From the scripter's POV the system seems to be pretty seemlessly interacting with the code, the one major exception is that the get/set functions built into each datatype table take a string argument to identify variables on the data they deal with -- IE: ch:SetStat( "hp", 500). Any coder would recognize more is going on behind the scenes, but all in all, pretty strong.
In reality pscripts.lua is setting up functions in each datatype table that call exposer functions to specific mud routines. For instance, ch:SetStat( "hp", 500) calls an exposed function Mud_SetVariable( data_type, data_pointer, variable_name, value ) with the call : Mud_SetVariable( CHAR_DATA, ch.data, "hp", 500), and Mud_SetVariable handles identifying the type of data, typecasting the pointer ch.data back into a char_data, and callign the function that actually gets/sets information. The getter/setter currently works much like save.cpp loading routines do -- identifying the variable name via keys which also provide the function with the methods to deal with the information. When a new variable is to be exposed to lua, you just add a key and, if the data is complex to deal with, write a custom function similar to GIO to cope with special cases.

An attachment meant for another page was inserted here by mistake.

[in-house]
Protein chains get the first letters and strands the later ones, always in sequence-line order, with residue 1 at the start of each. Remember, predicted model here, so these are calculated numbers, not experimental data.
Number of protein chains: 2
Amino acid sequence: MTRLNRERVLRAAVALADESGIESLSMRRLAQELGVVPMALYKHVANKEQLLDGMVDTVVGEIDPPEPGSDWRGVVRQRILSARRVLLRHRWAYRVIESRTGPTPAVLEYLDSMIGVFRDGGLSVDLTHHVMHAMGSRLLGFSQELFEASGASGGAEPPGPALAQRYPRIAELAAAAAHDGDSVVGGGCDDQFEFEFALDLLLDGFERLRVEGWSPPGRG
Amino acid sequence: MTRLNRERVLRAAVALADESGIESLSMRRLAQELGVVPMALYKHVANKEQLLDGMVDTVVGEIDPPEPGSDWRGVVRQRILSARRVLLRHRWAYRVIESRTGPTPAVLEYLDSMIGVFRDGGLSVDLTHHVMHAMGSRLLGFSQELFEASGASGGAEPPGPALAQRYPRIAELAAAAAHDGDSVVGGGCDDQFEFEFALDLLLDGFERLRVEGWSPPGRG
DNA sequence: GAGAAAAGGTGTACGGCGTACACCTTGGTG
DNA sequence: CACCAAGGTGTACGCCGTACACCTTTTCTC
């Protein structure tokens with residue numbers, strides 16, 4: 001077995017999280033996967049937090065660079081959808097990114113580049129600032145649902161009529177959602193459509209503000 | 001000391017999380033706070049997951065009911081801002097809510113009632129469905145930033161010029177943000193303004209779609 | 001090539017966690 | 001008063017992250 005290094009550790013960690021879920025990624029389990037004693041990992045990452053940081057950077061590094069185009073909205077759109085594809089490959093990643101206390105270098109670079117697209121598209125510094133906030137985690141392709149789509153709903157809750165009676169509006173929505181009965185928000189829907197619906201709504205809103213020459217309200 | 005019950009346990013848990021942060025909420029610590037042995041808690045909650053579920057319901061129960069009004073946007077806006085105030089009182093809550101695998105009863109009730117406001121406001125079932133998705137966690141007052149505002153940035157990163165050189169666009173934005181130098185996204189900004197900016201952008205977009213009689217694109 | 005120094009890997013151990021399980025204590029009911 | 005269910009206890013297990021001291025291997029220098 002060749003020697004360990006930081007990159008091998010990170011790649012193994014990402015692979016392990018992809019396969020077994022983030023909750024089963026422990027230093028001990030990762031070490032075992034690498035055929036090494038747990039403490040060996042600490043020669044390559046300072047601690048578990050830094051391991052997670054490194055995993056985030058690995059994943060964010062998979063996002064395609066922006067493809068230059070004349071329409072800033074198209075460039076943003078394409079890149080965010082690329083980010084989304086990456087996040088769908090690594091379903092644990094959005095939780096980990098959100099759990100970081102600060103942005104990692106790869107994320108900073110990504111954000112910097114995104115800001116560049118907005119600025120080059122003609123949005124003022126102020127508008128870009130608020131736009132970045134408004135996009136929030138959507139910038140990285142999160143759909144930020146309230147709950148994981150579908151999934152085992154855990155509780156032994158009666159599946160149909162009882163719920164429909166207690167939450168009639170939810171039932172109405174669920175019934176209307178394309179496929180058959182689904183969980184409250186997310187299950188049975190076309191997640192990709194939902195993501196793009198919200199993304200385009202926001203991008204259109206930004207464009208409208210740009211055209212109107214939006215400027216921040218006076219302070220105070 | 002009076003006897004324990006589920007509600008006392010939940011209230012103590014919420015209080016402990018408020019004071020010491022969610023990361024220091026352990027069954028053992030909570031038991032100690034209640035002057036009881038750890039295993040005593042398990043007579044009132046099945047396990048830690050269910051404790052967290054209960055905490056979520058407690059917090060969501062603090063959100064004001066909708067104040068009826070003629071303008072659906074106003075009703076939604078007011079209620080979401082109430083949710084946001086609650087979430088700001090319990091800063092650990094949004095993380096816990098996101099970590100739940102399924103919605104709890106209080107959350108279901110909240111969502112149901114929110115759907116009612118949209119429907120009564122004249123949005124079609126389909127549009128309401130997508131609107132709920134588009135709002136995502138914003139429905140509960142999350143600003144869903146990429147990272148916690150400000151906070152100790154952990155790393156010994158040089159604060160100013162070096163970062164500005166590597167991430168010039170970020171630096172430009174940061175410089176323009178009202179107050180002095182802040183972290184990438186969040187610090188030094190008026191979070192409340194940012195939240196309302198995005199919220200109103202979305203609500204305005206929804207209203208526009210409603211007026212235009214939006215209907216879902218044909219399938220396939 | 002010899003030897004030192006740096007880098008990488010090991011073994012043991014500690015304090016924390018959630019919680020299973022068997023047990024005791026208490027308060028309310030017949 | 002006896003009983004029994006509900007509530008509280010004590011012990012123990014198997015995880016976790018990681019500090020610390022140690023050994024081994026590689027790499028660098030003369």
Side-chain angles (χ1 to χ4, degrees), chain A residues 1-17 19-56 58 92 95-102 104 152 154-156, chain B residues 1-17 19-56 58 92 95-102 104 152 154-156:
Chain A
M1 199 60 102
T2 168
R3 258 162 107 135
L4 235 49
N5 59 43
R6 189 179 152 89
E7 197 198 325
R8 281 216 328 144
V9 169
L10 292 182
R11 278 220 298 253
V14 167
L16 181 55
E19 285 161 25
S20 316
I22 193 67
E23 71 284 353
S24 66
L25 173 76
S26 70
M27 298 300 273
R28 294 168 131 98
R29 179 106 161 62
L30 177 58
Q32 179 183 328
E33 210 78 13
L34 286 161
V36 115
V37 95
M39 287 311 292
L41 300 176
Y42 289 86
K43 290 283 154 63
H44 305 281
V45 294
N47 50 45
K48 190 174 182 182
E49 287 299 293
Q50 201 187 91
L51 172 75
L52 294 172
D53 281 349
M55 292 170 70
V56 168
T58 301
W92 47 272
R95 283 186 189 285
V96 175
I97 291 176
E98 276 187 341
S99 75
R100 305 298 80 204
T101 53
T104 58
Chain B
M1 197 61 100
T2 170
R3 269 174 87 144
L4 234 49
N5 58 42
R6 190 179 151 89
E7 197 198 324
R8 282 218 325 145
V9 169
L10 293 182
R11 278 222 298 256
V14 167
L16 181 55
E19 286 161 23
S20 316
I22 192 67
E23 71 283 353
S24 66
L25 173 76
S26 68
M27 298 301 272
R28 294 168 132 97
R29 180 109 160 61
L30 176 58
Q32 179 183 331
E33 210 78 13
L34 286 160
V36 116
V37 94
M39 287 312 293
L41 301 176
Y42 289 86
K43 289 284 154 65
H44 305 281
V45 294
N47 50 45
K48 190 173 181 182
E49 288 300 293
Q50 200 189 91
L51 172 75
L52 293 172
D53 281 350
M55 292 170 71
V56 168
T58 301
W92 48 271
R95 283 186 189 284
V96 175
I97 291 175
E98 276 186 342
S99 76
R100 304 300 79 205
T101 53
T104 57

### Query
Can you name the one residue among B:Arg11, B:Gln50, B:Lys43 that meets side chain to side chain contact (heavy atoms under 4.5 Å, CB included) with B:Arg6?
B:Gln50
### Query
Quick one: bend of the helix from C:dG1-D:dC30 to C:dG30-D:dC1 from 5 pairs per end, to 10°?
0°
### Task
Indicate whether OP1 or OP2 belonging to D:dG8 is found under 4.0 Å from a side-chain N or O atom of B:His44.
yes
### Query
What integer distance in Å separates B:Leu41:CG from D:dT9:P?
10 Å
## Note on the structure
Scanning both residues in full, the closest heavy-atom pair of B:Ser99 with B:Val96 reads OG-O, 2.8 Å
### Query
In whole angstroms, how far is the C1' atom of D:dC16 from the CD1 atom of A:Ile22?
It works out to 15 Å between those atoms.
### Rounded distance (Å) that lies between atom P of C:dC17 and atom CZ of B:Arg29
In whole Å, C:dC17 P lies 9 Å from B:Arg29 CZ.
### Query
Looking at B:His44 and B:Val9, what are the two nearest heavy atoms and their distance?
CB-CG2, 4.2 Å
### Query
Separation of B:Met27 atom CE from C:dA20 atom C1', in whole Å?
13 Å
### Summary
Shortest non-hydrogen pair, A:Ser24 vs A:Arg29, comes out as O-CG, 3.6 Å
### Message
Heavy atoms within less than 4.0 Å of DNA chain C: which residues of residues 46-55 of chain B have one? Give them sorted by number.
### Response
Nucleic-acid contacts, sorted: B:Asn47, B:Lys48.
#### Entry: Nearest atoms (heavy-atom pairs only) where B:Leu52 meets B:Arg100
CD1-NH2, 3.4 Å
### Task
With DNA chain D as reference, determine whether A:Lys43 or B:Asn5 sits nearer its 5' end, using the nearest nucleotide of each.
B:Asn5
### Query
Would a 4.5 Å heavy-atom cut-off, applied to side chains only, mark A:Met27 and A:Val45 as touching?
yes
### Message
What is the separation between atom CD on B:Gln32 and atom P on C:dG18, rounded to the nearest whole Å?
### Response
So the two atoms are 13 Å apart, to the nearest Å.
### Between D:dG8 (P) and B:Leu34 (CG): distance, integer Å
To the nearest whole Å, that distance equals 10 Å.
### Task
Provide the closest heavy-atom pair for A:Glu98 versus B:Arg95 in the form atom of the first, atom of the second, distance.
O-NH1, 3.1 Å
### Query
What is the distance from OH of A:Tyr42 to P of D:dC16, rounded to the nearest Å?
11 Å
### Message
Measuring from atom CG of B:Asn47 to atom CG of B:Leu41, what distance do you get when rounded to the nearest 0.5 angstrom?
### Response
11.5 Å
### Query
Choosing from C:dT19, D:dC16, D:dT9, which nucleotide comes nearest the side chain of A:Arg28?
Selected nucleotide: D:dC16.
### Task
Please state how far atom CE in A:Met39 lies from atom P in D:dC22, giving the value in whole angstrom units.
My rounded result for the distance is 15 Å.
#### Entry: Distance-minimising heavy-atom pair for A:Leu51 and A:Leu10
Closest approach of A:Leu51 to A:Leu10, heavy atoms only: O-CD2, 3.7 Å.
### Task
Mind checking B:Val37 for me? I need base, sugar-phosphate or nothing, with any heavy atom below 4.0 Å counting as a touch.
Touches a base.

6. Because it's working through specialized C functions exposed to the lua engine, I can say with very little reservation that there isn't much the system -can't- do in your mud, including doing such obscenely cool things as creating a spell and setting its information based on things you say. I could easily write a script hooked to a mob's says that allowed a player to enter a room, say the proper phrases, and have their says converted into a brand new spell in game similar to what we might make with createspell and sedit. I imagine if I allowed spells to call a script instead of a C function, I could probably go a step further and allow a player to dictate the entire shebang. Lots of potential.

7. I can feasibly support anything progs. The system doesn't care what is calling it or what context it is being used in, the script is given the power to evaluate on a situation-by-situation basis once its hook has been checked, identified and matched.

8. See previous. If a hook function is added that handles figuring out when to call a script and what to pass it, the script can handle everything past that.

9. Lua is self-contained for variables created within the script. I developed a linked list approach to exporting variables in specific situations, and lua has methods to check for them and import them into the script as needed. When lua is done with them or needs to update the mud side, it will need to call a getter/setter to do it, but considering how much further it all is than mprogs, I'd be ashamed to gripe about it.